Art Review: Sid Couchey, Adirondack Art Association Gallery
What do 1950s comic books and the Lake Champlain monster have in common? Sid Couchey.
He may not be a household name, but the titles of Couchey’s comics certainly were. “At one time,” he says, “Richie Rich was the most popular comic book in the world, translated into many languages.”
Indeed, the story of the tow-headed, bow-tied “world’s wealthiest kid” generated a 1980s animated television series, a 1994 movie starring then-still-child actor Macaulay Culkin and a sequel two years later. Richie was part of a cast of characters created for Harvey Comics  that also included Little Lotta and Little Dot.
Though Couchey’s early mentor at the company, Warren Kremer, invented the characters, Couchey drew them, and others, from his home in Essex, N.Y., for several decades. He slyly inserted details from the area in the storylines, such as the names of friends and local businesses, and he managed to influence how the characters behaved.
Now 91, Couchey pretty much is a household name around Essex, but these days he’s arguably best known for his affectionate depictions of “Champ,” the alleged behemoth serpent of Lake Champlain. Since moving upstate from New York City in 1961 with his wife, Ruth (to whom he proposed through a “Little Lotta” comic 51 years ago), the Cleveland-born Couchey has adopted the mythical creature, artistically speaking. He refers to Champ as decidedly real — though with tongue in cheek, one suspects — and has built a body of artworks around it.
Some of these cartoons and paintings currently make up an exhibit on one wall of the Adirondack Art Association  Gallery in Essex. A founding member of the AAA, Couchey has shown these pieces in the area before, including at an exhibit in Willsboro, N.Y., on the occasion of his 90th birthday last year. For denizens of the Champlain Valley, the pictures seem to have staying power.
And it turns out that folks on the New York side of the lake have a friendly competition regarding the monster’s residency. “Port Henry thinks it’s the home of Champy,” says Couchey. “We say Essex is its summer home.”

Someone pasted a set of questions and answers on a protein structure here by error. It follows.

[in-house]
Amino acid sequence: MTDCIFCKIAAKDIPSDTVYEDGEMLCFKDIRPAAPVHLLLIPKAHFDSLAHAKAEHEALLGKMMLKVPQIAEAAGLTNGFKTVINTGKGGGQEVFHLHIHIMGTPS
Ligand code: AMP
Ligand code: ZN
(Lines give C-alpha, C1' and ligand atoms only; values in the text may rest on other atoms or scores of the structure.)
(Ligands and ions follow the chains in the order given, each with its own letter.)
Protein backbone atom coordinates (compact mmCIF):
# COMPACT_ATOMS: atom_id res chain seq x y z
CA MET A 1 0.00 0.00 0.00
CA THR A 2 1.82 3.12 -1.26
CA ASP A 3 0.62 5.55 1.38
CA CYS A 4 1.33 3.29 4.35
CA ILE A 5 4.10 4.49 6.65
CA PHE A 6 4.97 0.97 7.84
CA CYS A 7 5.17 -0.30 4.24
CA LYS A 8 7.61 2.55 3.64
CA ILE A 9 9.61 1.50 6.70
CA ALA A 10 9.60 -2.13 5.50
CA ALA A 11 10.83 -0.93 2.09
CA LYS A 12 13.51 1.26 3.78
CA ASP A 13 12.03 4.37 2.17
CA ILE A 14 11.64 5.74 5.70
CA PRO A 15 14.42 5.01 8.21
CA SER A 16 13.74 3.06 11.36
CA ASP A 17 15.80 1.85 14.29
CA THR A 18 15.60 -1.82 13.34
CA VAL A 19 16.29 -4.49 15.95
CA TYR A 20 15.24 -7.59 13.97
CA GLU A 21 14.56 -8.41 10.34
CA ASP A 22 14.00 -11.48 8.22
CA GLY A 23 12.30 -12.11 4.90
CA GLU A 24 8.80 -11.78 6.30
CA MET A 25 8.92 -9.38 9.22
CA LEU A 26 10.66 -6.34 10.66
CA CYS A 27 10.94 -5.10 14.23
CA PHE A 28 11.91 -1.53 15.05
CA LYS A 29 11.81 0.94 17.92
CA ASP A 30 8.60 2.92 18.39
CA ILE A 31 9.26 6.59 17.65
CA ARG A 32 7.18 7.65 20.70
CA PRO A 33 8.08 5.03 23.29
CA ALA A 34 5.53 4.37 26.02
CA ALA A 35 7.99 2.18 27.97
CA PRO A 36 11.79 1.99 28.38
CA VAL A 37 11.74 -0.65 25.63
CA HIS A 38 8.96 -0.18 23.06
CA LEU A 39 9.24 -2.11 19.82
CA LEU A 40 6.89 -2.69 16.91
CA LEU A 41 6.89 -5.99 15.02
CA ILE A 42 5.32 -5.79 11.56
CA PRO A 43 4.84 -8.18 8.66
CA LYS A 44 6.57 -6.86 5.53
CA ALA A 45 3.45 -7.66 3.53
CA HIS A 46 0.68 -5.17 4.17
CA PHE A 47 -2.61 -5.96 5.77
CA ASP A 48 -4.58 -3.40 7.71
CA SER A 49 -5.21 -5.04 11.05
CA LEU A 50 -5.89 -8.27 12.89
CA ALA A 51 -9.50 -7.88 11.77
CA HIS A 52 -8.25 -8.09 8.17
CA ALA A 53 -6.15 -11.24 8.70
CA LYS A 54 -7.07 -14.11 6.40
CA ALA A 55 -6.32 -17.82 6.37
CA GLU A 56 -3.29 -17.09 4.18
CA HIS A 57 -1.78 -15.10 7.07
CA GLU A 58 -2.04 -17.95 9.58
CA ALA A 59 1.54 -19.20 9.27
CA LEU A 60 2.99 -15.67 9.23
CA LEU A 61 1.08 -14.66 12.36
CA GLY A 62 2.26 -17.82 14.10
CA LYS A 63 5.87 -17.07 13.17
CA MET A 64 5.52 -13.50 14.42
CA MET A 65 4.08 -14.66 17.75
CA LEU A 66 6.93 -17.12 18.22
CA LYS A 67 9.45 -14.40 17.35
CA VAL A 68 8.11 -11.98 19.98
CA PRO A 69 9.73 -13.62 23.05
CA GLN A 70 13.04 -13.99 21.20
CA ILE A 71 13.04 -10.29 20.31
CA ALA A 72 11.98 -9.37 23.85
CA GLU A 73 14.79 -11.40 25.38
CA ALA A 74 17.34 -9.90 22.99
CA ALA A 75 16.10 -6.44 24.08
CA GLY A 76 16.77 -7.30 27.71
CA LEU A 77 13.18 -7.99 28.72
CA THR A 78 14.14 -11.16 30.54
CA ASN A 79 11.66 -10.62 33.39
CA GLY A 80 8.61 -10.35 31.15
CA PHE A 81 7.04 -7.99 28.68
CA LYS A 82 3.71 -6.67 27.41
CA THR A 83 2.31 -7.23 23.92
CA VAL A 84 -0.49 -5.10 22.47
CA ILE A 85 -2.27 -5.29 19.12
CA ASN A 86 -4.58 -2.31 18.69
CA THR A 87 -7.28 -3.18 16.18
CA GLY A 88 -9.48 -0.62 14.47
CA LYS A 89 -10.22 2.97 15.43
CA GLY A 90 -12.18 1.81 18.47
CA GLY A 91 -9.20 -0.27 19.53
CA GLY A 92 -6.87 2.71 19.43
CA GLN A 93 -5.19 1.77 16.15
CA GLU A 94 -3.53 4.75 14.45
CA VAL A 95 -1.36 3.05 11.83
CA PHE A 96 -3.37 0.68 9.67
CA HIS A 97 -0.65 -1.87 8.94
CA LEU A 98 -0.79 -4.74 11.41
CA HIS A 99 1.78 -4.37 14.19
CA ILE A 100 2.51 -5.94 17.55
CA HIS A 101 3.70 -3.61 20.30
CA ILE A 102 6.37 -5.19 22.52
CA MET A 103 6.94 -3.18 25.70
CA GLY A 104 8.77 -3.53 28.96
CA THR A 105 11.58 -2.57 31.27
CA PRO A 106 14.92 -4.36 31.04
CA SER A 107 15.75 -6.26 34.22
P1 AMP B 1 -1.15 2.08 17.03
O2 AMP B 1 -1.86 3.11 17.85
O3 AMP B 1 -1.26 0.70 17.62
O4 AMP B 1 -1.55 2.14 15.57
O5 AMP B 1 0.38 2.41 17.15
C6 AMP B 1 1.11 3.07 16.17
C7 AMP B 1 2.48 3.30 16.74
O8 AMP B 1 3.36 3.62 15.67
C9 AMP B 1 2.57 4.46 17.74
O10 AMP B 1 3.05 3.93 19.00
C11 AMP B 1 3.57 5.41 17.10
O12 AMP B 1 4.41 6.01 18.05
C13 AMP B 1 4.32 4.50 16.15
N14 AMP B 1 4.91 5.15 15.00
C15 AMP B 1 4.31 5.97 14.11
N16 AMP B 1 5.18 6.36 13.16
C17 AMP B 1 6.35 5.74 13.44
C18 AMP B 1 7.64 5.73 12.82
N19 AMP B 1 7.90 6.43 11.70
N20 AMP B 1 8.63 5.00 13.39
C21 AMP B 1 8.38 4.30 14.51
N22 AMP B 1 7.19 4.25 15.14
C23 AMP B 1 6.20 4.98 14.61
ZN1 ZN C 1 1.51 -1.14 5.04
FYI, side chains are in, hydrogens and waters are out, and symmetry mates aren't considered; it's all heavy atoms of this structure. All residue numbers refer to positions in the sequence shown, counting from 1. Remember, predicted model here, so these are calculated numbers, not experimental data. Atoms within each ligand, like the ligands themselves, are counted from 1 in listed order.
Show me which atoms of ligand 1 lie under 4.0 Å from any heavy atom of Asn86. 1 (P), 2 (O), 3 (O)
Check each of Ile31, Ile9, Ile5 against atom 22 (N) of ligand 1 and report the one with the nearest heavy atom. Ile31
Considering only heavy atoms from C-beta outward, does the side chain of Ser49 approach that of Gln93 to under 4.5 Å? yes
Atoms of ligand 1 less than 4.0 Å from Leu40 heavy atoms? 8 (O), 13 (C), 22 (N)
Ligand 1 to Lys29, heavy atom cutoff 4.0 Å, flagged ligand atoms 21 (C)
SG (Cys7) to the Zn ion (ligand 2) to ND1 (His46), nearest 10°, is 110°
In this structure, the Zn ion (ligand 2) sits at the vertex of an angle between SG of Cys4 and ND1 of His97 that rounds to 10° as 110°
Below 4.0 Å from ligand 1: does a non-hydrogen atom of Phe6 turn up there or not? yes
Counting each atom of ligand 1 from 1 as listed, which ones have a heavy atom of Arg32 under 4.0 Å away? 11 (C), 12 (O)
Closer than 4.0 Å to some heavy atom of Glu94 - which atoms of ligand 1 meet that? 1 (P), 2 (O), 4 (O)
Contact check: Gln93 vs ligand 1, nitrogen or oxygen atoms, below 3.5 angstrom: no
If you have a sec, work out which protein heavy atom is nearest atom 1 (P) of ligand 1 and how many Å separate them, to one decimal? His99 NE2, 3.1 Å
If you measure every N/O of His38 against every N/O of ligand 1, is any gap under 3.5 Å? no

Though a similarly jokey quality runs through most of his illustrations, a selection Couchey calls the “Champy by the Masters” series reveals his “serious” artistic skill. Each of these Champ depictions emulates the style of a famous artist.
Still, they’re funny. Couchey signs the works after their inspirations: “Sid Seurat Couchey,” “Sid Picasso Couchey” and so on. The first depicts a pointillist Champy, the second a cubist one with eyes askew. In the work signed “Sid Monet Couchey,” Champy pokes a pink head through a flotilla of water lilies. In a black-and-white departure from his typically colorful works, Rodin’s “The Thinker” is represented by a 2-D curled-up serpent looking as contemplative as could be expected. Ornate architectural details, presumably from Rodin’s Paris jardin, appear in the background.
In the 1980s, Couchey illustrated for a nostalgia-themed magazine called Good Old Days. He also scored a gig with the state of Vermont creating a character called Rascal Raccoon that was used in an anti-alcohol campaign directed at children. (An oversized 3-D version still resides in Couchey’s barn. “I don’t know what to do with it,” he says. “It’s so large and ungainly.”) In 1994, he received a Lifetime Achievement Award from the Kansas City Comics Convention.
Sixteen years later, that lifetime continues, and Couchey is still a “cartoonist for hire.” His mark is evident in Essex, appearing on an outdoor sign created for the summer homestead of former New York Governor George Pataki, just down the road. Couchey’s daughter, Laura Couchey Abate, who lives near Troy, N.Y., has written a book for children based on her father’s work. A Cartoonist’s Introduction to the Masters features, of course, drawings from his Masters series. The book is not yet published, but if it is, Sid Couchey may well influence yet another generation of kids, even without the largesse of Richie Rich.
Meanwhile, Couchey draws daily, while reserving time for a local group he cofounded called the Do Nothing Club. “We can talk and eat doughnuts,” he says of this passel of friends. “And we can suggest things, but we can’t act on them.” Champy, it appears, is not a member.